so, you determine where you want all your tvs and all your speakers and then you figure out how you are going to get the signal to them. don't forget about electrical power, because you have to plug all these things in too. the equipment needed to make it work should be your last concern. it should suffice to know only that you need to get a signal from point A to point B. it doesn't matter if its speaker wire or HDMI or COMPONENT VIDEO or what it is. you just gotta get it from point A to point B. if you go with network cable its the easiest and cheapest way. network cable is bidirectional so all you gotta do is just get it installed. you worry about the connections after its in. speaker wire the same thing.

you are going to see threads on this site about how people are installing electrical subpanels and things like that - that doesn't apply to you. why? because you aren't ever going to run anything that requires it. I do have dedicated circuits for my main zone and my zone 2 systems, but i'm running some high powered equipment and there may come a point where I step it up a few notches and run some even higher powered equipment. what I have already is pretty extreme for a single family home. you don't have to go that far to do what you want to do so you can enjoy yourself. I would recommend running conduit though for your communication cables. in the end you'll be glad you did.

I look forward to learning more from all of you.
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Old 08-07-2013, 08:08 PM - Thread Starter
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thanks for the advice. As far as the network side goes i am all set. This is what i do for a living for quite a while. As i mentioned i was really looking for recommendations on the receiver mostly and speakers that can handle the items i want solved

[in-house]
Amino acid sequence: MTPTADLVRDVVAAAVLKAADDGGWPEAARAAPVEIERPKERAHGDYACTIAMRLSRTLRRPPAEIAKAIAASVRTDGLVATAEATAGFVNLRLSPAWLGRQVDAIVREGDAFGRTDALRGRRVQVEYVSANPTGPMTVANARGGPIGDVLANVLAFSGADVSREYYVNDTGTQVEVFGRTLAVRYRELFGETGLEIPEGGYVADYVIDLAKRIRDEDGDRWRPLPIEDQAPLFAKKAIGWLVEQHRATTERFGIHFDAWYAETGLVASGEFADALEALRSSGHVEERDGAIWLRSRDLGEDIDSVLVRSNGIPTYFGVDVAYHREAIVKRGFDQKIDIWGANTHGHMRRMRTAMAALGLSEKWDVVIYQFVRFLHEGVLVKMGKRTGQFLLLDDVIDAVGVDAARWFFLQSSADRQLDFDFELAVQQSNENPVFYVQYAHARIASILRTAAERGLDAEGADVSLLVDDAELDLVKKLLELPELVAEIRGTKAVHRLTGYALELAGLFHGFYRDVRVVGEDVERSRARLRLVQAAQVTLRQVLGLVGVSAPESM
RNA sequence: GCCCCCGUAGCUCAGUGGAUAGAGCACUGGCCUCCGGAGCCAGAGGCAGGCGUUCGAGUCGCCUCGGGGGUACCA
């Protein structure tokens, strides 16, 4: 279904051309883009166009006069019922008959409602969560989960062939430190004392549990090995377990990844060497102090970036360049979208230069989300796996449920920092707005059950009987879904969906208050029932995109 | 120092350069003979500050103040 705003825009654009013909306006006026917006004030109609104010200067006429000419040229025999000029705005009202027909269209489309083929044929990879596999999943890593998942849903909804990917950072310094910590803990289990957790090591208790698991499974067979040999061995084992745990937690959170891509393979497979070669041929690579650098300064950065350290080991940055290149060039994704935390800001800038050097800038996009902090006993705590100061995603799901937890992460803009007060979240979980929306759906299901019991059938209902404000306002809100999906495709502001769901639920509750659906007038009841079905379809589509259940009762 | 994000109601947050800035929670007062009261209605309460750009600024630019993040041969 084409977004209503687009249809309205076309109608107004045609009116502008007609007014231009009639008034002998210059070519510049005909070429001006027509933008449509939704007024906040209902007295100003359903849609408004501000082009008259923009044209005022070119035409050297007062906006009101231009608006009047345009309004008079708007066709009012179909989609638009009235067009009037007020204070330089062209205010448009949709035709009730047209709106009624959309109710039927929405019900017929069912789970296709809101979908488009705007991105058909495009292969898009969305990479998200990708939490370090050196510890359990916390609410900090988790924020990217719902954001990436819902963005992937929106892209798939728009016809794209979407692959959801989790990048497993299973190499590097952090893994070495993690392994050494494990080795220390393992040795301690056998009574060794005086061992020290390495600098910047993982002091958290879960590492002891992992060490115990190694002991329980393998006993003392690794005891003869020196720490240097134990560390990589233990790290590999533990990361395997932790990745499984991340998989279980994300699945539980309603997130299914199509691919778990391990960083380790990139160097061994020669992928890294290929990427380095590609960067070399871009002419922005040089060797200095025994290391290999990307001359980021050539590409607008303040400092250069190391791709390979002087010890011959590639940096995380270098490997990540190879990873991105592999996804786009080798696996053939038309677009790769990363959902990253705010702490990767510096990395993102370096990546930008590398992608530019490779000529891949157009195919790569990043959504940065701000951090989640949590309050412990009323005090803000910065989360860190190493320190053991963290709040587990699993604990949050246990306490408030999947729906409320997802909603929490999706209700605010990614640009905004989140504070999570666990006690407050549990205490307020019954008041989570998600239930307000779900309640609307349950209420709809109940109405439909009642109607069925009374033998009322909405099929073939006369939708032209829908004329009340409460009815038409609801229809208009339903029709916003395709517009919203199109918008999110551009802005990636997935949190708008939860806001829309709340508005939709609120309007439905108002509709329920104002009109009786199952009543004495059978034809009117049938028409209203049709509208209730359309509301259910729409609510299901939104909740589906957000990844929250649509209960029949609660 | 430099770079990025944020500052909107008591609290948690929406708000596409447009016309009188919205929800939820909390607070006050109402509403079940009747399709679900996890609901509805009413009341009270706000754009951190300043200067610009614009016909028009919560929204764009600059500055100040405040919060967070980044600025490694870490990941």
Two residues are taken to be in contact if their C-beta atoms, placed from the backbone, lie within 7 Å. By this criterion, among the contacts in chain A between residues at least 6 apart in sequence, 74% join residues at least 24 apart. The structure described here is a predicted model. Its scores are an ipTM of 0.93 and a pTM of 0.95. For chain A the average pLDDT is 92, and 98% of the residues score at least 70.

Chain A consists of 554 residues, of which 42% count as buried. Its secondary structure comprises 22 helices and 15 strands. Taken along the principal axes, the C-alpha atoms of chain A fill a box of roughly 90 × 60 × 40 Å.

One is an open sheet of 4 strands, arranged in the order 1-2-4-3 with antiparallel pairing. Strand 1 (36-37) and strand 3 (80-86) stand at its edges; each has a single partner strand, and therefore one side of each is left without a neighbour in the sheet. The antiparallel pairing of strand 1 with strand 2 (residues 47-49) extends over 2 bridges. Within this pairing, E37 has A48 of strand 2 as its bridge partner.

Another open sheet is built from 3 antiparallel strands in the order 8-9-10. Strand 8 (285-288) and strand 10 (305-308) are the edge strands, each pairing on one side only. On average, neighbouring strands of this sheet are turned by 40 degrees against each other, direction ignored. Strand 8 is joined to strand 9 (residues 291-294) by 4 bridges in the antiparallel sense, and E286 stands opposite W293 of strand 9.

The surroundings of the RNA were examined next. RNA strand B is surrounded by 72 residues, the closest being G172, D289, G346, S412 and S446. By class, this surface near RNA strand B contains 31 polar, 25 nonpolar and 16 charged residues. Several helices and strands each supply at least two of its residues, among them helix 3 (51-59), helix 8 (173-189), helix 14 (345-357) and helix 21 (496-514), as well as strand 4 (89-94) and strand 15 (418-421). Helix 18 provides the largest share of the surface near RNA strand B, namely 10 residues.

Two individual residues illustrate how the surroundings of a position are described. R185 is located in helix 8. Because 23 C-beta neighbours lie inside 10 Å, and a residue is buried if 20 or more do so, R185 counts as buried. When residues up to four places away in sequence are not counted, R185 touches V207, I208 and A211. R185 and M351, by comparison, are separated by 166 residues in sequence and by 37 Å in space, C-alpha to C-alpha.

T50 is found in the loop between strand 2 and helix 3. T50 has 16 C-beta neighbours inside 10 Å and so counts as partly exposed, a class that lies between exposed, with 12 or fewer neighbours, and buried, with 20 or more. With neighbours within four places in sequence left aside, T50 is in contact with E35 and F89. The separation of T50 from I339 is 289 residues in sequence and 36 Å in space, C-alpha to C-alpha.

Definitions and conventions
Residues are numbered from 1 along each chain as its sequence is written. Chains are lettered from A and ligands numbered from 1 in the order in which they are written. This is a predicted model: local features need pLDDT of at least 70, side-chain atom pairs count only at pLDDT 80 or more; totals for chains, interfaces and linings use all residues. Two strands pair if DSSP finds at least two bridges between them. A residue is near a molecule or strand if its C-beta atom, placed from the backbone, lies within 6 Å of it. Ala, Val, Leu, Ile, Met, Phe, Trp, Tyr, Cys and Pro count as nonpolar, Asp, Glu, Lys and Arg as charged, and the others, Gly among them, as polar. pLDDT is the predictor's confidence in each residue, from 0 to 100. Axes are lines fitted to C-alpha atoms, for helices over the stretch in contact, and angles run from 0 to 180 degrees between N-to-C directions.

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Old 08-08-2013, 12:40 AM
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There are many AVRs out there that have 2 zones, Internet radio, and two HDMI outputs - this one is the Onkyo TX-NR616 and is $350:

http://www.newegg.com/Product/Product.aspx?Item=N82E16882120197

I would recommend staying away from anything Bose, but one previous suggestion that I do agree with is that you could go with an AVR that doesn't have Internet radio and add that feature through a Blu-Ray player. Many of the previous generation AVRs without network capability can be had for a lot less and if you are going to get a BD player, that could be a real possibility.

If budget is a primary concern, I always recommend Polk speakers. You could even get some mid-series floor standing speakers for your mains that are on sale for around $250 - these are the Polk Monitor 55T for $128 each:

http://www.newegg.com/Product/Product.aspx?Item=N82E16882290277

For outdoor speakers, I will let your budget dictate your choice. Good luck.

2-Ch (HT L/R): Oppo BDP-105 BD, Adcom GFP-750 pre, Bryston 10B Sub Xover, Bryston 4BSST2 / Paradigm Signature S4 v.2 (L/R), (2) SVS SB12-NSD (Subs)
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Old 08-09-2013, 06:04 AM - Thread Starter
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thanks

just saw some deals on the following receiver. Good choice ?

Pioneer SC-1222-K 7.2 Channel Receiver

Also newegg has a deal on the Klippsch Synergy F-10. THese or the Polk 55T ?
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Old 08-18-2013, 09:38 AM
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Originally Posted by starzen View Post

thanks

just saw some deals on the following receiver. Good choice ?

Pioneer SC-1222-K 7.2 Channel Receiver

Also newegg has a deal on the Klippsch Synergy F-10. THese or the Polk 55T ?

personally I would never buy a KLIPSCH SYNERGY product. REFERENCE SERIES! that's what you want man. you can get them cheap if you shop around. I guess i'm just spoiled by the higher end klipsch sound. their cheap stuff really is junk as far as i'm concerned man. there's just no comparison in sound. polk audio? the only polk audio I've ever heard that impressed me were their very expensive speakers man. those are in the thousands of dollars each price range. for the money stick with klipsch. you can't go wrong with klipsch if you are looking getting the best bang for the buck. to get better than a reference klipsch you gotta spend twice as much on another brand. that's just my opinion anyways.

I look forward to learning more from all of you.